Depriving a child of mother tongue has serious connotations: Prof Veena Pandita

SRINAGAR: In a bid to promote and highlight the importance of the mother tongue, the cultural wing of the State Council of Educational Research and Training (SCERT), Monday, organized multiple functions on the occasion of the International Mother Tongue Day at its divisional office in Bemina here today.
The Day, aimed at promoting the preservation and protection of all languages used by the people of the world, is celebrated on 21st February every year.
Multiple speakers highlighted the importance of mother tongue in framing the thinking and emotions of people.
Quoting a research, Director SCERT, Prof Veena Pandita, said that children learning in their mother tongue adopt a better understanding of the curriculum.
“Mother tongue is a powerful tool in advancing the learning of students,” Prof Pandita said. “Also, when parents communicate with their children in their mother tongue while telling them stories, discussing day-to-day matters, they effortlessly follow and understand, resulting in educational success.”
Depriving a child of its mother tongue has serious connotations, she said.
“Without a mother tongue, a child is deprived of its personal and cultural identity,” Prof Pandita said. “Personal identity emanates from children’s understanding of themselves, their roots and their history and it’s important that they latch on to their roots and that’s only possible when their mother tongue survives.”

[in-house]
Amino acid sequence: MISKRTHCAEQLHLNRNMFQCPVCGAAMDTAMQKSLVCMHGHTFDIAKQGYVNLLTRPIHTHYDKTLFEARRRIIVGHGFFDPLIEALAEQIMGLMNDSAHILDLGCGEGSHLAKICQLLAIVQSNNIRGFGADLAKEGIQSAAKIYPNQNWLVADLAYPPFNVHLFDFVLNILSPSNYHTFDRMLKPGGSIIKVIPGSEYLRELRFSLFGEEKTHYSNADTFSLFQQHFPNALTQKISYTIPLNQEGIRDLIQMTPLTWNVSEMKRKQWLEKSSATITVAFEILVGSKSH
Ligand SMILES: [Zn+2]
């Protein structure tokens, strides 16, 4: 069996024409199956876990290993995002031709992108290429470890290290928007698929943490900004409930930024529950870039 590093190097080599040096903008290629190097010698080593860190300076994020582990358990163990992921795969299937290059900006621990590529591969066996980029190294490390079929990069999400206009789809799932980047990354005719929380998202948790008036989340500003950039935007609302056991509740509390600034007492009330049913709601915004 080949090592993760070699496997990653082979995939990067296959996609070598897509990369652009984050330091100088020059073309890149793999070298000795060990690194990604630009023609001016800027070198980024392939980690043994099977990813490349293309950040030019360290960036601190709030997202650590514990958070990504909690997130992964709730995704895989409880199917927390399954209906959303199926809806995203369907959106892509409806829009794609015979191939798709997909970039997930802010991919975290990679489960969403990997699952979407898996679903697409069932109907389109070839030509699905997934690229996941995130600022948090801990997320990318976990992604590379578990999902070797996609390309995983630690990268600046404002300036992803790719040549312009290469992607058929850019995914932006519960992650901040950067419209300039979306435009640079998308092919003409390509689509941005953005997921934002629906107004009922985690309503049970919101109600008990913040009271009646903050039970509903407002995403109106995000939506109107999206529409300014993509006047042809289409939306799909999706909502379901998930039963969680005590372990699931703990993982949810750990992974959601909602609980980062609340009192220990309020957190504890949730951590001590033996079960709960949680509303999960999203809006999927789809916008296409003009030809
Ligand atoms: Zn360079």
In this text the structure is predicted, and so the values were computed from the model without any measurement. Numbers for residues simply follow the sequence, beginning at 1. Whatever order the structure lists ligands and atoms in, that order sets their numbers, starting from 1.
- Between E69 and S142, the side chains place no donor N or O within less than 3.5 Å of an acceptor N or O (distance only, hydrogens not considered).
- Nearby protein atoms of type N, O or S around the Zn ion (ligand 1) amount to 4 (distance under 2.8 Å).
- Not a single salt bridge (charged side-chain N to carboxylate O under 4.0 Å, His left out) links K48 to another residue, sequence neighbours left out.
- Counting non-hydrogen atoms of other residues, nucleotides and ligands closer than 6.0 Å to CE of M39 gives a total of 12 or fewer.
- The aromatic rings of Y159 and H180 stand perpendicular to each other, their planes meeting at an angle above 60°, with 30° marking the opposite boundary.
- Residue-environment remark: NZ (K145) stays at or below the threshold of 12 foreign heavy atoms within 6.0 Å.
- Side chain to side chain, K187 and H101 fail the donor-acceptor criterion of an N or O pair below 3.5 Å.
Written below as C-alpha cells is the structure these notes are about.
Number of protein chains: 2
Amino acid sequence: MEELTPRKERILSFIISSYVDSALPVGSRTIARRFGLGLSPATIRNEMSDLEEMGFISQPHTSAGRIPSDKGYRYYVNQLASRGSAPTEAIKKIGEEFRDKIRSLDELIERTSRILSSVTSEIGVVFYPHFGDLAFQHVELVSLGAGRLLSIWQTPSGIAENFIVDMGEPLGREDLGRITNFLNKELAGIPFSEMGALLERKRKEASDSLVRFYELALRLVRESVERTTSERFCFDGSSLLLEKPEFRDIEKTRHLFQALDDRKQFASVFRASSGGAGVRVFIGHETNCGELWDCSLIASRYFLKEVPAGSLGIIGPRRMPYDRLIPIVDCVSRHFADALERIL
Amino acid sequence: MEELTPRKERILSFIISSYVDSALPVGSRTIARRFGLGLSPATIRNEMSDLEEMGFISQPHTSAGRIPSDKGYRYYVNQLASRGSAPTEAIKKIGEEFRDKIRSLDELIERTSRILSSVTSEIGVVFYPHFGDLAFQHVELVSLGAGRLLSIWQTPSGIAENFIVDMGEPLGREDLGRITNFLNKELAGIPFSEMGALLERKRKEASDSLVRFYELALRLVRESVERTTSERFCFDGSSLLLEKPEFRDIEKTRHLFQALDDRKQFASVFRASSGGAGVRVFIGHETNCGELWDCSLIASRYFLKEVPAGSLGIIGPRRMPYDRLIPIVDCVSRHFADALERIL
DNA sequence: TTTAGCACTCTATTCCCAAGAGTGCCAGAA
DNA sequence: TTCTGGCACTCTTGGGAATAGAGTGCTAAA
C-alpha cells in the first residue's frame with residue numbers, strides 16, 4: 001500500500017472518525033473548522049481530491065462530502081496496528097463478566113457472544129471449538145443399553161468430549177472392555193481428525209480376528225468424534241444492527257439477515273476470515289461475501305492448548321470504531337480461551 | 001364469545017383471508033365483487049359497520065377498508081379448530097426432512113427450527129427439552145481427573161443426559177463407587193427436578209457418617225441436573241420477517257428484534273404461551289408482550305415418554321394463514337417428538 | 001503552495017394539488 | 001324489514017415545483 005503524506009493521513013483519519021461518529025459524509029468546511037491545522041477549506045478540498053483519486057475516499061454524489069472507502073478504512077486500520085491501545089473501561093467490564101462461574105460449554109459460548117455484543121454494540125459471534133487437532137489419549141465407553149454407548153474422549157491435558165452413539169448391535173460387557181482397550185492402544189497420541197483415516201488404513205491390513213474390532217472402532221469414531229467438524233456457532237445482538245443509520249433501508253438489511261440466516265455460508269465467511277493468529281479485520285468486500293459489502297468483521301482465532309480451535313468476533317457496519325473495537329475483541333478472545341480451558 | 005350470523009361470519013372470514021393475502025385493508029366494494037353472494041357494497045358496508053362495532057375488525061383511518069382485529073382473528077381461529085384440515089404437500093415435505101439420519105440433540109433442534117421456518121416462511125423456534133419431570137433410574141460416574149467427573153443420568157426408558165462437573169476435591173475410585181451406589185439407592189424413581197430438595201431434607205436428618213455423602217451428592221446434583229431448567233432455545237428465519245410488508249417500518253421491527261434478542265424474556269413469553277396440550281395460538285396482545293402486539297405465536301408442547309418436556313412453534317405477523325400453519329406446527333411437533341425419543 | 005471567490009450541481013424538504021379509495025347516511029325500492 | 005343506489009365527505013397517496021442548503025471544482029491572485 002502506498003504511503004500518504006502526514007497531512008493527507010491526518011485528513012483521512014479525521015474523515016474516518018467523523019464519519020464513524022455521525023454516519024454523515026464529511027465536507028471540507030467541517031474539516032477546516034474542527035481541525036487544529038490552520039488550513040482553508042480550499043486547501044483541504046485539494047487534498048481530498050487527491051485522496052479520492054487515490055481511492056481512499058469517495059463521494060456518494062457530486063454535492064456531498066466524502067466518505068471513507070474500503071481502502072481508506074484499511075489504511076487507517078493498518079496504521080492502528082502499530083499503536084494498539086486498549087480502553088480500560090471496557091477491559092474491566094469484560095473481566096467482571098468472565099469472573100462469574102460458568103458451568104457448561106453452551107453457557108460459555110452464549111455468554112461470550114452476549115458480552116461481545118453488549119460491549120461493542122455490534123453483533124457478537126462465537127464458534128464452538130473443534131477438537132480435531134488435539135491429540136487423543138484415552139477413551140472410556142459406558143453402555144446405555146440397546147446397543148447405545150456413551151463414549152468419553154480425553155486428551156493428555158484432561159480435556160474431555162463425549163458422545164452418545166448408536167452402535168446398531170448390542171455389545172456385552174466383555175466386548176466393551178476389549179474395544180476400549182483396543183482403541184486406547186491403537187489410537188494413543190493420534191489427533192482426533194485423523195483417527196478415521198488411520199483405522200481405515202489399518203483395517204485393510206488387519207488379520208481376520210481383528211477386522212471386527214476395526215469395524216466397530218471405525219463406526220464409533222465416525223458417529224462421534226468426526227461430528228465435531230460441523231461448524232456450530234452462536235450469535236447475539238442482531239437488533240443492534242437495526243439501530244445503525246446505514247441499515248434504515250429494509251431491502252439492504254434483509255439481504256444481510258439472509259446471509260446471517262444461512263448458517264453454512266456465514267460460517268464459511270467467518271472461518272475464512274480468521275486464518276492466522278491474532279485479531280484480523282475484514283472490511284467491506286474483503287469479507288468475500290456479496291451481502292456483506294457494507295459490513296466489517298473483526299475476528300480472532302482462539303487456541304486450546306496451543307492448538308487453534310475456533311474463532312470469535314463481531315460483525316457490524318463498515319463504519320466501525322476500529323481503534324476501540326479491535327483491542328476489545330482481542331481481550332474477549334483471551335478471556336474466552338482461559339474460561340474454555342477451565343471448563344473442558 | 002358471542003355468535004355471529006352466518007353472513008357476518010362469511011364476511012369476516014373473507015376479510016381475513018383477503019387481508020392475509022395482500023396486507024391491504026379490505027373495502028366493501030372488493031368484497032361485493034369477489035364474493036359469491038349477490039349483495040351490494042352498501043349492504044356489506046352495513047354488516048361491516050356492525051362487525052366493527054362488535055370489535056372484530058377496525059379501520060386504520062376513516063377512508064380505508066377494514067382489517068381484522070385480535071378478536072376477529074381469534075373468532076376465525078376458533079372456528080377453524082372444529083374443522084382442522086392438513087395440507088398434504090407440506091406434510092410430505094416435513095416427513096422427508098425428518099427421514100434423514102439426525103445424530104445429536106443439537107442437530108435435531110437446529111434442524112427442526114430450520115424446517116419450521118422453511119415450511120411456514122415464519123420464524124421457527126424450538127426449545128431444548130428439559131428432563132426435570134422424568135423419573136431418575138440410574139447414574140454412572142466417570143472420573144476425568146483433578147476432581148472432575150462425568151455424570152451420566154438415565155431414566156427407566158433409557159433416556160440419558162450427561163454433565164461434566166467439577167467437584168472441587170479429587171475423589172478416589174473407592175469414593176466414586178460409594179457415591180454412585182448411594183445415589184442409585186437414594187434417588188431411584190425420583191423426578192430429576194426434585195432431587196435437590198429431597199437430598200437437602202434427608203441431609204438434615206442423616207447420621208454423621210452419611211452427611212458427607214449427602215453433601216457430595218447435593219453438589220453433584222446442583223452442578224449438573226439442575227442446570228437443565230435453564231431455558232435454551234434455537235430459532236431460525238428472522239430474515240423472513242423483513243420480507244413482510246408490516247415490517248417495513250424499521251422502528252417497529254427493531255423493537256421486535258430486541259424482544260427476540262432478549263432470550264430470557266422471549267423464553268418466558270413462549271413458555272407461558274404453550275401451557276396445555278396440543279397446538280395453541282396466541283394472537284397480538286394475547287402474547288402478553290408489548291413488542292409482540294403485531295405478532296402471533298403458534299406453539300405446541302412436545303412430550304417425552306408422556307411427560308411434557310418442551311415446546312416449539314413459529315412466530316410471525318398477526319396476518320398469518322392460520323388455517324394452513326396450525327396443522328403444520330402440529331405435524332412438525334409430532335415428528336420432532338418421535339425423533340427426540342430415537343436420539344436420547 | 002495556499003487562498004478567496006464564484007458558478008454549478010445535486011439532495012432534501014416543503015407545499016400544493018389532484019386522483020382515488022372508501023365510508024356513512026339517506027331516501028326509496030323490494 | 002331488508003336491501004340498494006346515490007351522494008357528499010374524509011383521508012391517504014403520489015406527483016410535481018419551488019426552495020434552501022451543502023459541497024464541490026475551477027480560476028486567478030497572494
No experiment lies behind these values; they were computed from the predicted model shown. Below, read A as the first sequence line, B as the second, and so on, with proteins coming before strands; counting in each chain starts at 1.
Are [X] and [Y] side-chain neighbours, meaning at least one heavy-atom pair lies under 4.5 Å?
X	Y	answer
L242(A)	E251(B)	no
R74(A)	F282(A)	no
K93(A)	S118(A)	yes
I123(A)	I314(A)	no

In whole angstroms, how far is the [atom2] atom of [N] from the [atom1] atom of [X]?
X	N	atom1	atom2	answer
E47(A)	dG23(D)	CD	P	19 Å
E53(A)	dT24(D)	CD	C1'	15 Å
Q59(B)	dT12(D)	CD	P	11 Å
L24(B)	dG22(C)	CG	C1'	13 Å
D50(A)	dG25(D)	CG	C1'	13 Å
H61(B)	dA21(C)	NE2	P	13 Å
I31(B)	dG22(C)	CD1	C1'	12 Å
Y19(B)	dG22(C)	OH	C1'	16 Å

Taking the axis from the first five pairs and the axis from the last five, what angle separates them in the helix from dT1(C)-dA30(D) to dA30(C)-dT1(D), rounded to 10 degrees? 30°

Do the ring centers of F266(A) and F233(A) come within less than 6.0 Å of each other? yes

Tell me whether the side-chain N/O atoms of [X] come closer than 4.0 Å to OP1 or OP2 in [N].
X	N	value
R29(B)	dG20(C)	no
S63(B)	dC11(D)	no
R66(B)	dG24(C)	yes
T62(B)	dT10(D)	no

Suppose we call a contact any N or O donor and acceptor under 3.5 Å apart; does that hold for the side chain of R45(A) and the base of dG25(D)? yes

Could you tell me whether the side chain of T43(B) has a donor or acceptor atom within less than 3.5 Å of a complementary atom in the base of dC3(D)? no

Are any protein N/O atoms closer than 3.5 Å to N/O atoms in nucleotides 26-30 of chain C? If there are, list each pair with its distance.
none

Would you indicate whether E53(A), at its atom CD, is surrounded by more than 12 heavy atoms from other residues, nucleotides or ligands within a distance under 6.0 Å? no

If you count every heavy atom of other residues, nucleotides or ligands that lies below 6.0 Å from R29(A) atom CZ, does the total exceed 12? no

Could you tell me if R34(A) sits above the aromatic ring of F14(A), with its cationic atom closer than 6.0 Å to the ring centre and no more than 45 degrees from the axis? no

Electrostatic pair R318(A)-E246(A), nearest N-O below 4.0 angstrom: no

Principal Higher Secondary School, Gund Hassi Bhat, Mir Shabir, who is a poet and writer as well, elaborated on the importance of Kashmir language.
“Persevering and protecting a mother tongue is the most important way of keeping a culture alive,” Mir said. “Moreover, children can develop their skill of communication better in their native tongue for any clarification for education factor.”
Noted journalist and language activist, Javed Matji, discussed the importance of Urdu language in the subcontinent and Jammu and Kashmir.
“Urdu is a symbol of unity that has tied people in a single cord regardless of religion or sect,” Matjee said. “It is the only language spoken and understood everywhere in the entire subcontinent.”
Academic Officer, Sheikh Gulzar, gave a detailed presentation on the three-language formula to promote multilingualism while as Dr Shabnam, HOD, Education in Languages, highlighted the importance of Hindi language in the country.
Javed Kirmani, In charge Documentation and Library, SCERT, coordinated the program.


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